Its uses can also be somewhat more refined. Jean-Georges Vongerichten, chef-owner of New York’s Jean Georges, Jo Jo, and Vong restaurants, for example, uses it to finish a sauce for lamb. “The strong flavor of the walnut oil stands up to that of the meat,” he says. In the fall, he also drizzles walnut oil over mashed potatoes and uses it in a vinaigrette for a dish of sweetbreads with warm potato salad. Chef Gray Kunz of Lespinasse, also in New York City, fondly remembers “a wonderful dish I had in Bordeaux of roast leg of lamb with white beans, served together on a platter with a sprinkling of walnut oil.” In his kitchen, Kunz uses it very economically, to season salads and to accent a dish of foie gras with toasted brioche. “Because it is so strong,” he says, “I have my cooks keep it in squeeze bottles so they never use more than a few drops at a time.” I like to pour it sparingly over asparagus, artichokes, or haricots verts myself, letting the steam carry its haunting scent.
The main production of walnut oil on small farms like Andre Castagne’s takes place after the fall harvest in October, continuing through winter. In this period, whole families head for their orchards, filling burlap sacks with walnuts. (The most commonly grown varieties are the franquette, the mayette, the marbot, and the corne.) The nuts, quite damp when fresh, are then dried over a gas stove. Most of the shelling is done by hand at these small mills, and the occasional soiree denoisillage, or nut-cracking party, still takes place. At these get-togethers, veterans whack the nuts with a traditional wooden hammer. Skilled nut crackers can shatter the shell while leaving the meat intact; whole walnuts bring a higher price than the cracked ones that are used for oil.
These broken pieces, known as les invalides, are sent to a mill for crushing. In traditional production, the nut paste is then roasted in a woklike cast-iron basin over a wood-burning fire. Perfect roasting is crucial to the quality of the oil and can make or break a miller’s reputation. If the fire is too hot, the paste can scorch at the bottom and create a bitter, caustic oil; conversely, oil made from undercooked paste will lack the characteristic roasted flavor. The paste must be removed at that perfect moment when the aroma is opening and a round, roasted flavor has developed. Some producers claim to time the process with their noses, not their watches.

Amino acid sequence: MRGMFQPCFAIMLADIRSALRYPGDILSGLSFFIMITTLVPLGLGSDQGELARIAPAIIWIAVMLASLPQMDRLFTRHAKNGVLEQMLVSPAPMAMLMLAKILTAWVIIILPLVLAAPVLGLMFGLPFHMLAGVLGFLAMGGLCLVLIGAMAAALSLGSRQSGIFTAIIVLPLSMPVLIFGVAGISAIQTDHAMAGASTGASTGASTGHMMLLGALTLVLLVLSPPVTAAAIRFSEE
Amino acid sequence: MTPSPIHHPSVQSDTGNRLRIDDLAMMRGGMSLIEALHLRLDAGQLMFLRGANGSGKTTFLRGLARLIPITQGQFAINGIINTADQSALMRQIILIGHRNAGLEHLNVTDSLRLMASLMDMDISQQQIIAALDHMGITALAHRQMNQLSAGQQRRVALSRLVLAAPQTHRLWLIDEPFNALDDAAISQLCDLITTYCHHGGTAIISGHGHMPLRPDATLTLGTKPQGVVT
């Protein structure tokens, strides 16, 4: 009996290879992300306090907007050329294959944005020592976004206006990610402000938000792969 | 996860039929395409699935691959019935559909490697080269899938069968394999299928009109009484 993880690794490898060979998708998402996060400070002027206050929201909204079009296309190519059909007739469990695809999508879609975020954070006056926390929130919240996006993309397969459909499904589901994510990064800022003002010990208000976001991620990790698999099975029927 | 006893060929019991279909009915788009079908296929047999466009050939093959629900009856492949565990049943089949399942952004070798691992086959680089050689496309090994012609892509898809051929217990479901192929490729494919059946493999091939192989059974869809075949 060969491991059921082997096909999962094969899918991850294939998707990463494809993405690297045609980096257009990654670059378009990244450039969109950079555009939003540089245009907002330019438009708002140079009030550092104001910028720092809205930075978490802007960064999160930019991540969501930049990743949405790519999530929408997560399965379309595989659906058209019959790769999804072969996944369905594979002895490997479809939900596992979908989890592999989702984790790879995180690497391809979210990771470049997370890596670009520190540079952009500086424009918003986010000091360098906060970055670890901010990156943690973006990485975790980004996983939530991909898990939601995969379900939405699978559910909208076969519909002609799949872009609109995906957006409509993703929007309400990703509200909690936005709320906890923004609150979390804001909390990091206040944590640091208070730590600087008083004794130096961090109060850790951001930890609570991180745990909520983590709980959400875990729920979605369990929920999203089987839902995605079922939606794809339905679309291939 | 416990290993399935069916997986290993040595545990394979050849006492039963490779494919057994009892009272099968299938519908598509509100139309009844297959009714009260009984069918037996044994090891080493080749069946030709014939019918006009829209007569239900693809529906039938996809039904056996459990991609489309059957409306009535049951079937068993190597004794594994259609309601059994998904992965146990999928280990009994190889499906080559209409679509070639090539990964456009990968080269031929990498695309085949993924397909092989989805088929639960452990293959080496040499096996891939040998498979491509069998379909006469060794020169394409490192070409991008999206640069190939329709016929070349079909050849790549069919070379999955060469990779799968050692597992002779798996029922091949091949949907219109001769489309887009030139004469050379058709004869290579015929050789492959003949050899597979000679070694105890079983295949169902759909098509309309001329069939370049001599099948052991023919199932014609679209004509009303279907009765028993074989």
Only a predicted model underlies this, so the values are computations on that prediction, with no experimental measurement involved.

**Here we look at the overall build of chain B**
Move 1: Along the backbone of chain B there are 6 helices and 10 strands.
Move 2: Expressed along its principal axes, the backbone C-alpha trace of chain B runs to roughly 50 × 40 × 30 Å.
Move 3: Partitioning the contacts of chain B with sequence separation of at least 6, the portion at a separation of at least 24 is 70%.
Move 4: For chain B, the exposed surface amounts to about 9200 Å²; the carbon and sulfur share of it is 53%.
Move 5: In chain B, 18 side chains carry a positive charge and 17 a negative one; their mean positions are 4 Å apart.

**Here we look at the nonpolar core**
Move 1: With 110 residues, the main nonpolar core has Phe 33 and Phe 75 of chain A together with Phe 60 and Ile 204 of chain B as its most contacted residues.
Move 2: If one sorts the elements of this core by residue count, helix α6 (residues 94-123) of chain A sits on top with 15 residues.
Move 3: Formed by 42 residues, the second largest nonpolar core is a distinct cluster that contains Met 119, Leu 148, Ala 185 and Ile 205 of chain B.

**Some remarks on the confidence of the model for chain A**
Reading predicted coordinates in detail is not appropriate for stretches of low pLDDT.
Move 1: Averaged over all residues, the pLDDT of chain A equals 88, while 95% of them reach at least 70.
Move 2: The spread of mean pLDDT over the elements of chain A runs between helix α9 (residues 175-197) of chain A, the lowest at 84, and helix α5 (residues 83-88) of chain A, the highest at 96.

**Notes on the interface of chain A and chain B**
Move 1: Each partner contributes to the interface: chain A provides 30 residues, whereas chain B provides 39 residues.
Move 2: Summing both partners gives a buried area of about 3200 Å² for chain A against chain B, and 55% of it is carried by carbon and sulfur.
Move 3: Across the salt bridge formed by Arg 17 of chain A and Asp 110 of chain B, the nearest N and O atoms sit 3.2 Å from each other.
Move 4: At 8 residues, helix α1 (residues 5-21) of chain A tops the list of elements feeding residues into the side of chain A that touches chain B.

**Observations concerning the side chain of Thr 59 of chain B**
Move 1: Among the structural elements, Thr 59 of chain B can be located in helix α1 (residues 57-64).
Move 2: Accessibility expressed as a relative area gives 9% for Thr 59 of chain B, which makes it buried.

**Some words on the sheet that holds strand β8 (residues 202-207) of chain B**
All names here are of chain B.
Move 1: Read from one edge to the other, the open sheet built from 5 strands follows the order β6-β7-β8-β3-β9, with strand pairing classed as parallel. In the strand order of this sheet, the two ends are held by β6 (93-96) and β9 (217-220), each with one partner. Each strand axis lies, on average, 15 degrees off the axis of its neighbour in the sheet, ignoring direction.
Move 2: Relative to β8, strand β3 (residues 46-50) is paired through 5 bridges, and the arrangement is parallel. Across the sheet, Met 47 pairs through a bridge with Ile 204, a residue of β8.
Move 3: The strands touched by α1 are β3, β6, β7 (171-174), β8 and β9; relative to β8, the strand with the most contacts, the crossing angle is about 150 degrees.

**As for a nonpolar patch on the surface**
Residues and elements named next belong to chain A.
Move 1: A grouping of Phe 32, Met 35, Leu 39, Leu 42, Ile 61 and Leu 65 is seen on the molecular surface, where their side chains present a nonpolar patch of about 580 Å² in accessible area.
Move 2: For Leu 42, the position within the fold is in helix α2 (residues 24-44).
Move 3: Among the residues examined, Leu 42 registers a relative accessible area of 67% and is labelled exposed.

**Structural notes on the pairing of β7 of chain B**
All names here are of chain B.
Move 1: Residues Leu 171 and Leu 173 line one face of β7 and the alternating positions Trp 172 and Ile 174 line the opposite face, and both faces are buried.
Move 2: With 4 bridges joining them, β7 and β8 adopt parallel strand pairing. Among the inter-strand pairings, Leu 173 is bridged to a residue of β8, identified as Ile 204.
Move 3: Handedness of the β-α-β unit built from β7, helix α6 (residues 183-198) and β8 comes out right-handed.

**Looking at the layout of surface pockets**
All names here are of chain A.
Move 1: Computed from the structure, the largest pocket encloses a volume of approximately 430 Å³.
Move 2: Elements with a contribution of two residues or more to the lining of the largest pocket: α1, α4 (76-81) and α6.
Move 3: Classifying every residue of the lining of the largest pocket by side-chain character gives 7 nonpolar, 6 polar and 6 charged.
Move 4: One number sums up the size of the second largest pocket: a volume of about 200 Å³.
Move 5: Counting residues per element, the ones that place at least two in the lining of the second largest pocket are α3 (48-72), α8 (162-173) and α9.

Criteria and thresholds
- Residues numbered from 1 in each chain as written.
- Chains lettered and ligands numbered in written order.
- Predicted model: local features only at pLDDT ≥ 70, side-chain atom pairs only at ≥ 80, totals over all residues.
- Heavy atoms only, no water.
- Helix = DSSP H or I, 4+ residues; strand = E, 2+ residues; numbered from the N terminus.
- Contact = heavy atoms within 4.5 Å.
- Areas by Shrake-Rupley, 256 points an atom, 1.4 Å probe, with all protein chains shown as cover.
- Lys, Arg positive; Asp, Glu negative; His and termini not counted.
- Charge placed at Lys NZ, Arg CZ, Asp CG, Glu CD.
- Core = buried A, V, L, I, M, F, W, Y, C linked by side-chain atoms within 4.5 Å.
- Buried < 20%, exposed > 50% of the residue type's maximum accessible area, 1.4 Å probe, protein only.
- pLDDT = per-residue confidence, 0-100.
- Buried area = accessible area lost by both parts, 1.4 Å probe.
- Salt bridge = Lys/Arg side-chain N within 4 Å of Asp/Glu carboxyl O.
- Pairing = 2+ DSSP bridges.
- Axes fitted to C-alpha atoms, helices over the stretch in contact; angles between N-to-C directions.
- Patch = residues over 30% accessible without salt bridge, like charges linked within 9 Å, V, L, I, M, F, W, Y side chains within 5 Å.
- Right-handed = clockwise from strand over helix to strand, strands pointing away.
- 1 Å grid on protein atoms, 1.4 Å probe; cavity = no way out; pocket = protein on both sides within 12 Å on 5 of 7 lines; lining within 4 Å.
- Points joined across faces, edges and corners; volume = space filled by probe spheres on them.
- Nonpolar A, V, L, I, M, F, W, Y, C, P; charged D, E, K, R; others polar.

The roasted nut paste is next put into a hydraulic press where heavy steel plates apply up to 200 tons of pressure to squeeze the oil out. It’s collected in a basin, and the remaining cake of solids, called tortaux de noix, is fed to the animals—especially chickens, as it is said to increase their laying. The oil is left to settle for about three weeks before it is bottled. It takes about five and a half
pounds of nutmeat to produce two pints of oil, making the typical price tag of $10 a pint seem like a bargain.
Unfortunately, walnut oils made by this painstaking process are rarely seen outside southwestern France. Much of the walnut oil sold in the United States, both French and domestic, is processed mechanically, and solvents are often used in extraction; some producers add chemical preservatives as well.
In the days before World War II, Castagne remembers, virtually every village in the Lot and the Dordogne had its own walnut mill, where residents brought their harvest to be pressed. Today, Castagne’s mill is one of two mills that are still in operation in the Lot; there is only one in the Dordogne. However, walnut oil and other products based on walnuts (including aperitifs, digestifs, and, now, preserves) are increasingly popular, and it seems possible, considering local interest in traditional products, that more old mills might be reopened in the future. “Working at the mill,” adds Castagne, “is a good way of keeping the children at home.”